By Alan Scherstuhl
By Charles Taylor
By Melissa Anderson
By Inkoo Kang
By Amy Nicholson
By Sam Weisberg
By Stephanie Zacharek
By Chuck Wilson
The darkest and most threatening of the five Potterfilms, Harry Potter and the Order of the Phoenixis also the only series entry outside of the third, Alfonso Cuarón's Harry Potter and the Prisoner of Azkaban, that feels like the product of a vivid cinematic imagination and not just a faithful transposition of a kid-lit bestseller. The director, David Yates, brings an energy and efficiency to Potter Landthis is the series' fastest-moving (and, at a mere 139 minutes, shortest) installmentand infuses the heretofore storybook atmosphere with a grittiness that's as startling to our senses as it is to young Mr. Potter's.
Credit J.K. Rowling, too: Order of the Phoenixgives us the most compelling premise for a Potterpicture yet, because it's the one least chained to an elaborate, mechanized plot. In narrative terms, not that much happens, but as for Harry's emotional journeywell, that's nearly epic. Still reeling from his standoff with the resurrected Lord Voldemort at the end of 2005's Goblet of Fire, and from the death of his classmate Cedric Diggory, the already melancholic Harry (Daniel Radcliffe) is, at the start of the new film, downright disconsolatea poster child for teen Prozac. Just when it seems like things couldn't get any worse, a couple of fearsome beasties come along to shake Harry out of his malaise . . . by nearly turning him into dinner.
Old Voldy, it seems, is stirring again, though few outside of the movie's titular cabala secret society formed by Hogwarts' headmaster, Dumbledore (Michael Gambon), with the express purpose of vanquishing Voldemortwill acknowledge it. The officious Minister of Magic has taken to planting anti-Potter screeds in the The Daily Prophet. He also installs his loyal emissary (Imelda Staunton) to prune Hogwarts' faculty of subversive elements and restrict the students' freedoms. This smiling sadist in fuchsia couture renders coy the protestation of Potterproducer David Heyman that Order of the Phoenix isn't a political allegory. This is, after all, a movie in which ineffectual bureaucrats refuse to acknowledge an imminent threat to their peopleand their power. Make of that what you will.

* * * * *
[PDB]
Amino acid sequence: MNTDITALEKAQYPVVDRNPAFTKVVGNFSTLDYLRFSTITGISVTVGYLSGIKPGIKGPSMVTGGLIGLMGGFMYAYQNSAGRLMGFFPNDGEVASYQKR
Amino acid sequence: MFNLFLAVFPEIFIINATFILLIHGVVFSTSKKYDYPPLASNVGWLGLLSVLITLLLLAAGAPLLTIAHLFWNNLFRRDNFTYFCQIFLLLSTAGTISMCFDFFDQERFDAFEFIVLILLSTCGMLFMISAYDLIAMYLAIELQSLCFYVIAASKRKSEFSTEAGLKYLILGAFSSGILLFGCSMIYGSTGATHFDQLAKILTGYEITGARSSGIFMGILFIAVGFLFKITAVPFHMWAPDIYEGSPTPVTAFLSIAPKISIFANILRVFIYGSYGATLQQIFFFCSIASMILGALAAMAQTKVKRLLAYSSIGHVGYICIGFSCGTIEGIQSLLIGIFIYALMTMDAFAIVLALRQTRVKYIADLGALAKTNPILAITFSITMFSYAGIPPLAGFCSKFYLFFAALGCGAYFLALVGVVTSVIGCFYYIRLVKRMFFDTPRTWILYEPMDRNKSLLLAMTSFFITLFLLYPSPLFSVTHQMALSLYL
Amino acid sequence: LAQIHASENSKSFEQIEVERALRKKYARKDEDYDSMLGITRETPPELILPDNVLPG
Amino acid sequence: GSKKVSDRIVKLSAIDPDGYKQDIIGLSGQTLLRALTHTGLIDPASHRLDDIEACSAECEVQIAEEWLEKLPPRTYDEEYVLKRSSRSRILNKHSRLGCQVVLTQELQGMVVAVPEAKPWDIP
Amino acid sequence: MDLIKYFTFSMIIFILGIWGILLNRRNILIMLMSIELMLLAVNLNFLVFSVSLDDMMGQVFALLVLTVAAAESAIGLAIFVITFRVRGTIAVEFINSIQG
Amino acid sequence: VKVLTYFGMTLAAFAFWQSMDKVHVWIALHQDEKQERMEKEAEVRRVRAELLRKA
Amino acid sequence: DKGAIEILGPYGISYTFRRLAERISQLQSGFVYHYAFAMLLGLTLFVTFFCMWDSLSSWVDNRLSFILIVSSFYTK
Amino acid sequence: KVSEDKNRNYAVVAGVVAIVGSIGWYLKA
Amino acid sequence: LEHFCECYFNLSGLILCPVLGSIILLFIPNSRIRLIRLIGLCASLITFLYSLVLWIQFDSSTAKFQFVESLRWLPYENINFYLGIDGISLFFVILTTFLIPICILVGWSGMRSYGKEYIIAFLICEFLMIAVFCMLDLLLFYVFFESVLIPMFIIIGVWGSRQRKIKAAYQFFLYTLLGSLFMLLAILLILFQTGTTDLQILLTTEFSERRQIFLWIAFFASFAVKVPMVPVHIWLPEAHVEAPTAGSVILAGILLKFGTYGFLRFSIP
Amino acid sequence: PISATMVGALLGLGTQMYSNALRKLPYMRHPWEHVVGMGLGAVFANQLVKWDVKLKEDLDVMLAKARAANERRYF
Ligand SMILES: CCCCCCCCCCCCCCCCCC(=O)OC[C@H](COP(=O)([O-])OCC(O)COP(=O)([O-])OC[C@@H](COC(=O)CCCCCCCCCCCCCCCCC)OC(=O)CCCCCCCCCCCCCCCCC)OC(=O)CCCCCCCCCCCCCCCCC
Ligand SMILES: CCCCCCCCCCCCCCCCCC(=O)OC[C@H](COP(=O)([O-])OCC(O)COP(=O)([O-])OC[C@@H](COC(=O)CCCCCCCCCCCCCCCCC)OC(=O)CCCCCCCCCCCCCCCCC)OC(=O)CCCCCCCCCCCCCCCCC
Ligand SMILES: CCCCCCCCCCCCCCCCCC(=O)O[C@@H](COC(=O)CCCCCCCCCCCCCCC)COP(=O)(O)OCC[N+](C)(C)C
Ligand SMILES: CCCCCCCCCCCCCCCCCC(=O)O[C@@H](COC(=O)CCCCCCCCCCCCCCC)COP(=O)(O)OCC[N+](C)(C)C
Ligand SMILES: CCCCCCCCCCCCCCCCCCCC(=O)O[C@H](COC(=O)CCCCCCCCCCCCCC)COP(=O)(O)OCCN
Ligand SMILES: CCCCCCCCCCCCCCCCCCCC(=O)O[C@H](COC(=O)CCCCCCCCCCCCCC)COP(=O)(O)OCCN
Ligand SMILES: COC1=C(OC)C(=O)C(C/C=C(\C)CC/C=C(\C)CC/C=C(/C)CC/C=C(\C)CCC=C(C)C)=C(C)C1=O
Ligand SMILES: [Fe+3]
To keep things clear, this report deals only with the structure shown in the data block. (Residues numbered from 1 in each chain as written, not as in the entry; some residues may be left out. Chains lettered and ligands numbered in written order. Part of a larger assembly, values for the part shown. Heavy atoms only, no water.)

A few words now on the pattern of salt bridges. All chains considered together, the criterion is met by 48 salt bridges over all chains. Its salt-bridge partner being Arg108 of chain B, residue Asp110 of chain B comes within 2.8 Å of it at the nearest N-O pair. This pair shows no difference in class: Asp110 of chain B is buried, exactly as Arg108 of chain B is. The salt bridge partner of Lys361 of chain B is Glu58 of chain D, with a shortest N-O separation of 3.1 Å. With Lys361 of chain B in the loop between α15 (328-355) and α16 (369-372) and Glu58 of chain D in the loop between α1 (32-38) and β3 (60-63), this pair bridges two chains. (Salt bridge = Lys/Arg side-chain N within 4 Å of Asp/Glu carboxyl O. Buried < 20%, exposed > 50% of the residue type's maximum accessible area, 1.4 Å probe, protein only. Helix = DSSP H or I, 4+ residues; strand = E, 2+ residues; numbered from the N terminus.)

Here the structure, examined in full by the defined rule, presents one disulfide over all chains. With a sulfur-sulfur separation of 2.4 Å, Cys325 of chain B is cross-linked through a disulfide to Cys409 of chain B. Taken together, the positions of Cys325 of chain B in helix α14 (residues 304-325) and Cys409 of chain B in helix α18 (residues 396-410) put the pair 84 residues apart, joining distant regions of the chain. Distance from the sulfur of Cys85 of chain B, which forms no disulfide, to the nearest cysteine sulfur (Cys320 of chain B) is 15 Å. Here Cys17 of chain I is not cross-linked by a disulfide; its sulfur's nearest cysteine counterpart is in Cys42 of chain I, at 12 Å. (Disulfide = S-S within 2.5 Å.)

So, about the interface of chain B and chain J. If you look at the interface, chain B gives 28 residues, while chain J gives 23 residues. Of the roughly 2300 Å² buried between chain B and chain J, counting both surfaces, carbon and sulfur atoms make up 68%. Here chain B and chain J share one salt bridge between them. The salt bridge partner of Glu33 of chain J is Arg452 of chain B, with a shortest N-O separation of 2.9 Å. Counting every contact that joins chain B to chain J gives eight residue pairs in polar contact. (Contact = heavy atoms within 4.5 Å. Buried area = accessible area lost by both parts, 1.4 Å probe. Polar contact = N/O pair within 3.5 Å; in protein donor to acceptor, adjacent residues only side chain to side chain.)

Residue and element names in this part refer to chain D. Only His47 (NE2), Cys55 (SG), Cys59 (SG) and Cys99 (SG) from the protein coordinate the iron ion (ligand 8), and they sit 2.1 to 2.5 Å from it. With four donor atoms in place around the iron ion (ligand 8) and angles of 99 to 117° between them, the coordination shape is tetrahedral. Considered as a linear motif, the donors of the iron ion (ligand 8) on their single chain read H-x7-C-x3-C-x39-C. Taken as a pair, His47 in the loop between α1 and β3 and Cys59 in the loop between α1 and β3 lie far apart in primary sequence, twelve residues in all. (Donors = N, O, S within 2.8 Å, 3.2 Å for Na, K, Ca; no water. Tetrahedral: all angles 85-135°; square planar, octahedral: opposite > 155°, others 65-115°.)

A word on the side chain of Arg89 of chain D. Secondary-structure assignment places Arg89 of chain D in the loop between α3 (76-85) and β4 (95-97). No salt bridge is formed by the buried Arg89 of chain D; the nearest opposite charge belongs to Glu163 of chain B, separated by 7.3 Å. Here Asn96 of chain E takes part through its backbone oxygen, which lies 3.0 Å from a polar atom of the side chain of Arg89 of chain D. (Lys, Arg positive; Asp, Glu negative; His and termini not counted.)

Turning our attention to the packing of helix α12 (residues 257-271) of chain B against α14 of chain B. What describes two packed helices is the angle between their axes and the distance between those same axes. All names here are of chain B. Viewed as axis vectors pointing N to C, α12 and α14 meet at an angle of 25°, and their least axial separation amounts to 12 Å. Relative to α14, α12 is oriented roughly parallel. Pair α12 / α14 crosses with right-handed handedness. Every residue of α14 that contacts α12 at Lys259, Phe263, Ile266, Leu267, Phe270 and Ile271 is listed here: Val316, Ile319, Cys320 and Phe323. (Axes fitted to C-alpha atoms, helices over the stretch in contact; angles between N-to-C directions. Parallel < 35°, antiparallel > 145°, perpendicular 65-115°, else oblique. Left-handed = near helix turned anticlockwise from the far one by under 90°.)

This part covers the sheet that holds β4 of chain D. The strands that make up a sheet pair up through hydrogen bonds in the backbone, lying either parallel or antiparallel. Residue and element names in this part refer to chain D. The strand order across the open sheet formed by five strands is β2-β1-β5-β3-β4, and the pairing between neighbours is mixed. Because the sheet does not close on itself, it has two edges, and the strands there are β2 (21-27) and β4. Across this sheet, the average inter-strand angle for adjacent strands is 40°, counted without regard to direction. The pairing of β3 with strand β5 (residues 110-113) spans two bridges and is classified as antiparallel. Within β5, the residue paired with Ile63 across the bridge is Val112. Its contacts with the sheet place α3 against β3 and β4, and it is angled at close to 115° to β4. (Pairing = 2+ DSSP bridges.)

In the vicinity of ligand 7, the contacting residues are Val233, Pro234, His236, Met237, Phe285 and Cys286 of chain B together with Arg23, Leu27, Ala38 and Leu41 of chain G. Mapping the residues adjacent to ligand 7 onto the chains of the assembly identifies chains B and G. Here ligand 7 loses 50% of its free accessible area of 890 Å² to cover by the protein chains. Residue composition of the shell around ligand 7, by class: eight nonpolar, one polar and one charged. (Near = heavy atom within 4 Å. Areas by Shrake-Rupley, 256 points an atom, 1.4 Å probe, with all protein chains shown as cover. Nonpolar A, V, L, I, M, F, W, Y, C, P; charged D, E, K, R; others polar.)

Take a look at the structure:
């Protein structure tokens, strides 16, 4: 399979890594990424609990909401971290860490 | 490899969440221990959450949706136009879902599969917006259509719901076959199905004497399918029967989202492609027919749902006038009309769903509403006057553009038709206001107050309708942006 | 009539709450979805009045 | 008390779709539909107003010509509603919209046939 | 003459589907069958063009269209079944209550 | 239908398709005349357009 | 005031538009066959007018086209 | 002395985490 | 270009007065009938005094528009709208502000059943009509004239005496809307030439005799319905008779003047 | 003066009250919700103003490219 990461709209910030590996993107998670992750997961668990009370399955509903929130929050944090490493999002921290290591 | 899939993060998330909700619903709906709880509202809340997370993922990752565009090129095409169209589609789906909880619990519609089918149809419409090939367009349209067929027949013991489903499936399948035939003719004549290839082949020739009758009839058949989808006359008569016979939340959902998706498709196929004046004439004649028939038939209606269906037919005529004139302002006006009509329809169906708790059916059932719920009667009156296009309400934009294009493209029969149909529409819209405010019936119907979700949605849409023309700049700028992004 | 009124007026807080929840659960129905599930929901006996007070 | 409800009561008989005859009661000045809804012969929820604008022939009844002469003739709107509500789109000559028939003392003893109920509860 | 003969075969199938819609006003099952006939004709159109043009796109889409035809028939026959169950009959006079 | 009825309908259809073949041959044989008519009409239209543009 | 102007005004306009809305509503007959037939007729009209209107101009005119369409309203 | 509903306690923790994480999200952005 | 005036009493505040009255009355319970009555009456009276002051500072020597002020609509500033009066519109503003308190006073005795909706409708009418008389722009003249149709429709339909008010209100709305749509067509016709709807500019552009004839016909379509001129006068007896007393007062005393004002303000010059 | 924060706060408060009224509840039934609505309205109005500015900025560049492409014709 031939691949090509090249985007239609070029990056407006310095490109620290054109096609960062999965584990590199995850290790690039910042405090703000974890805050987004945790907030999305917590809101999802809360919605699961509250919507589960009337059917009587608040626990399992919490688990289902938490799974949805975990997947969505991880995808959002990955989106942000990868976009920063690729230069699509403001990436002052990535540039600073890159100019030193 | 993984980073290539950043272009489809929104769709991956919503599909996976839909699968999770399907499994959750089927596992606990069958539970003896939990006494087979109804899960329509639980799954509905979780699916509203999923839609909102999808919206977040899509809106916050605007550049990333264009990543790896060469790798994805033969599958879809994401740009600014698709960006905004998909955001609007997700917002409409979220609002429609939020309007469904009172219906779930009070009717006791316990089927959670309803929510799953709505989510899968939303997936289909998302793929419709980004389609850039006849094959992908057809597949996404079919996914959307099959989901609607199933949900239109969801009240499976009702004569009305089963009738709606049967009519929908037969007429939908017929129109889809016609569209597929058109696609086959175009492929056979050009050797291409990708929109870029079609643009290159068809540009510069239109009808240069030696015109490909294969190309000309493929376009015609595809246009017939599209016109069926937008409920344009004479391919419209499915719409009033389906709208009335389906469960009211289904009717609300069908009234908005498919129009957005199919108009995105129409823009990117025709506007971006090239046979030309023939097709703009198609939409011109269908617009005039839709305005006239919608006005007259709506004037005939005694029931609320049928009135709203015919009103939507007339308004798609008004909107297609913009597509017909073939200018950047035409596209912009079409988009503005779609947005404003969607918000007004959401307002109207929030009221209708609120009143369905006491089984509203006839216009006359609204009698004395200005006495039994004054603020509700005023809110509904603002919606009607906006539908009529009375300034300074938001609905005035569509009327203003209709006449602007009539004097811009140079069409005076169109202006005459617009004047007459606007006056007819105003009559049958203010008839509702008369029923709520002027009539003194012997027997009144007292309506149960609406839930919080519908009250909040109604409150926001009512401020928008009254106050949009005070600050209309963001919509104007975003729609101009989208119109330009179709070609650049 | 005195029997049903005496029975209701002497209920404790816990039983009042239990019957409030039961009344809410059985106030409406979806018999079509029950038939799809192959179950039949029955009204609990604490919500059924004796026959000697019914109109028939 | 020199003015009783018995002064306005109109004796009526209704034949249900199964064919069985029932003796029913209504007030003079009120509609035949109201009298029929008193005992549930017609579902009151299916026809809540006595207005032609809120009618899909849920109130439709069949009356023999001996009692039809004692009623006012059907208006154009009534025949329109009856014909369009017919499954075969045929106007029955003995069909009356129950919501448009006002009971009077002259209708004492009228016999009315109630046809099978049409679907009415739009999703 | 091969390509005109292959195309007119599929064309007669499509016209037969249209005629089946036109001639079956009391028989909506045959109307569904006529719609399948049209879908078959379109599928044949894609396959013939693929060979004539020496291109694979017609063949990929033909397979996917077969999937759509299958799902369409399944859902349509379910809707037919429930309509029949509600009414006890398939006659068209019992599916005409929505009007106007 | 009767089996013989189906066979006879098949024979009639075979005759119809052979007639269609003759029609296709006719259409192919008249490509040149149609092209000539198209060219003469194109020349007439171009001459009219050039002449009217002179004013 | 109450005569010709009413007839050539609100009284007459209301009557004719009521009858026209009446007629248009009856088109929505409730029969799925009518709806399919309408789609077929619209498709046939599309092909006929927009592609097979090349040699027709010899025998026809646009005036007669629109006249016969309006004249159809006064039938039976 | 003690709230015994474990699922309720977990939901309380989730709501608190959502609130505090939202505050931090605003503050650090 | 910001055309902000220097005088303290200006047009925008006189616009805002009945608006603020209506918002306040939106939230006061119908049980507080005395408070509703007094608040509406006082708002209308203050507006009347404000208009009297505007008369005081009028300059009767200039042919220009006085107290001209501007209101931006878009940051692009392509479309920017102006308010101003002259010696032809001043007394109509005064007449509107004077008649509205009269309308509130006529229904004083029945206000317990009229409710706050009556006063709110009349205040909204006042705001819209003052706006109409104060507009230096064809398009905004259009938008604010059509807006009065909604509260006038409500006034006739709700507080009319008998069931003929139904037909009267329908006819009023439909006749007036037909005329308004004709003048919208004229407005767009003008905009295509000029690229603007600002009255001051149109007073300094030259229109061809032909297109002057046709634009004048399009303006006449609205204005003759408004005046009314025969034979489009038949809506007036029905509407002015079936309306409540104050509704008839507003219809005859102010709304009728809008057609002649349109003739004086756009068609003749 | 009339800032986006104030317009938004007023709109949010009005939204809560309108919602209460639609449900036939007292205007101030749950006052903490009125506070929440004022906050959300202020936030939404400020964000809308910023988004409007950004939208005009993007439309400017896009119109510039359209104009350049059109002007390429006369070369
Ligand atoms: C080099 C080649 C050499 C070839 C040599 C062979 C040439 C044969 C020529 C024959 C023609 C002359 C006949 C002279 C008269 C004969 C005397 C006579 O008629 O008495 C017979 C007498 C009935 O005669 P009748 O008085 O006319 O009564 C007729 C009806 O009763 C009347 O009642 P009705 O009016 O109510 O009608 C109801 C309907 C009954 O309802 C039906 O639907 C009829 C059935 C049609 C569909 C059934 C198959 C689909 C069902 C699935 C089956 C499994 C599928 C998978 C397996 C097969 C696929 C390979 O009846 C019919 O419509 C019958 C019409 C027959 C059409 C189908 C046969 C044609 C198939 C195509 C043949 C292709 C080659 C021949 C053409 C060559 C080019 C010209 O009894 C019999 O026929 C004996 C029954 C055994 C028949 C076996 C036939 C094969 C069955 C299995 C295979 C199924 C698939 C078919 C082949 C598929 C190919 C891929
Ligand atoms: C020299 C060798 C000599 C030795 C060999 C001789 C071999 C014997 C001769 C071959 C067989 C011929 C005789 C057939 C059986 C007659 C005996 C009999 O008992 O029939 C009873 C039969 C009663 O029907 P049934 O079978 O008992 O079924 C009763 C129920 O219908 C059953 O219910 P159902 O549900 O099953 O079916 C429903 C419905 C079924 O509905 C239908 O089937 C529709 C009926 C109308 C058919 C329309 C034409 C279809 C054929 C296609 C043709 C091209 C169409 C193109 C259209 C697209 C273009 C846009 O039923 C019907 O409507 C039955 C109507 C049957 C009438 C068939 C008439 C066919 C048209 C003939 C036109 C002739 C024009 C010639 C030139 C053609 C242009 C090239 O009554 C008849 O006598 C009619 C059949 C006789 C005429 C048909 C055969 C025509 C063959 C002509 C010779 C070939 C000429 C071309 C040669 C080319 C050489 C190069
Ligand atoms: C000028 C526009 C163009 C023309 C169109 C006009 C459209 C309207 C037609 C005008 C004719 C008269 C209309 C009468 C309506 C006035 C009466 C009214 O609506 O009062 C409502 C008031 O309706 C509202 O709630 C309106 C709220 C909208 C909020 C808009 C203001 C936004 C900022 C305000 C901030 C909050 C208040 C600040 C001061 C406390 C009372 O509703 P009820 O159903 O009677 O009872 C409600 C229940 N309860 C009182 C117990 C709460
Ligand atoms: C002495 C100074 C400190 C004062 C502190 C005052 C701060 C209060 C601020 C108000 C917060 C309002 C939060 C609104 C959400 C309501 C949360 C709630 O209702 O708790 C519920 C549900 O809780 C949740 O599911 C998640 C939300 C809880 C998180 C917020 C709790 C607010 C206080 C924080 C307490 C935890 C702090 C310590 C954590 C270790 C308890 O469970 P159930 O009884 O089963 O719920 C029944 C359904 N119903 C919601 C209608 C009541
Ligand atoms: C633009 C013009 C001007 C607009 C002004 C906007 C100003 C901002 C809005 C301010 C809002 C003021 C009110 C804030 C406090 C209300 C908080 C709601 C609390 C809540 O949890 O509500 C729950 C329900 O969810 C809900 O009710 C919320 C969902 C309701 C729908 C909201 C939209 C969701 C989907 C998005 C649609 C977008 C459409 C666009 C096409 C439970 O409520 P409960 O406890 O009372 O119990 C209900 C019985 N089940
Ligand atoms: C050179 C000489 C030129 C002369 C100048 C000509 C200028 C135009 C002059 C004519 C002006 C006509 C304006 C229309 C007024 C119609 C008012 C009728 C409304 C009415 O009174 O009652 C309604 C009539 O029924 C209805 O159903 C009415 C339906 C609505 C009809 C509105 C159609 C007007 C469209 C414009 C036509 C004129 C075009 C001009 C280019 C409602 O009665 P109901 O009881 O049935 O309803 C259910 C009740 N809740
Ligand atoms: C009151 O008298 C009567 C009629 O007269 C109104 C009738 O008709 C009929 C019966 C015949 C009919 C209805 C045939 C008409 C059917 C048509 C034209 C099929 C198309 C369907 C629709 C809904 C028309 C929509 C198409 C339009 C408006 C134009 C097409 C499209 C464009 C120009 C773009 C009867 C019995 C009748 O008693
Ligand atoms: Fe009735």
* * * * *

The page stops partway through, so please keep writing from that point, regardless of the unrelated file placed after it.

Order of the Phoenix satisfies in all of the conventional ways: There are appearances by your favorite series regulars and CGI wonderments galore. The movie's most memorable encounters, however, take place not within Hogwarts, but upon the more perilous terrain of Harry's consciousness, which is a veritable minefield of fear, self-loathing, and pubescent confusion. Goblet of Firethe first PG-13 Potter pictried for a similar feeling of teenage Sturm und Drang, but Order of the Phoenix sees adolescence as something altogether graver: It's the moment at which schoolboy frolic gives way to an understanding of the evil that men do in the world. Rowling has said repeatedly that she will retire all things Potter following the publication of the upcoming seventh novel, Harry Potter and the Deathly Hallows. It's a pity, for there's every indication that Harry is on track for a whopper of a midlife crisis.
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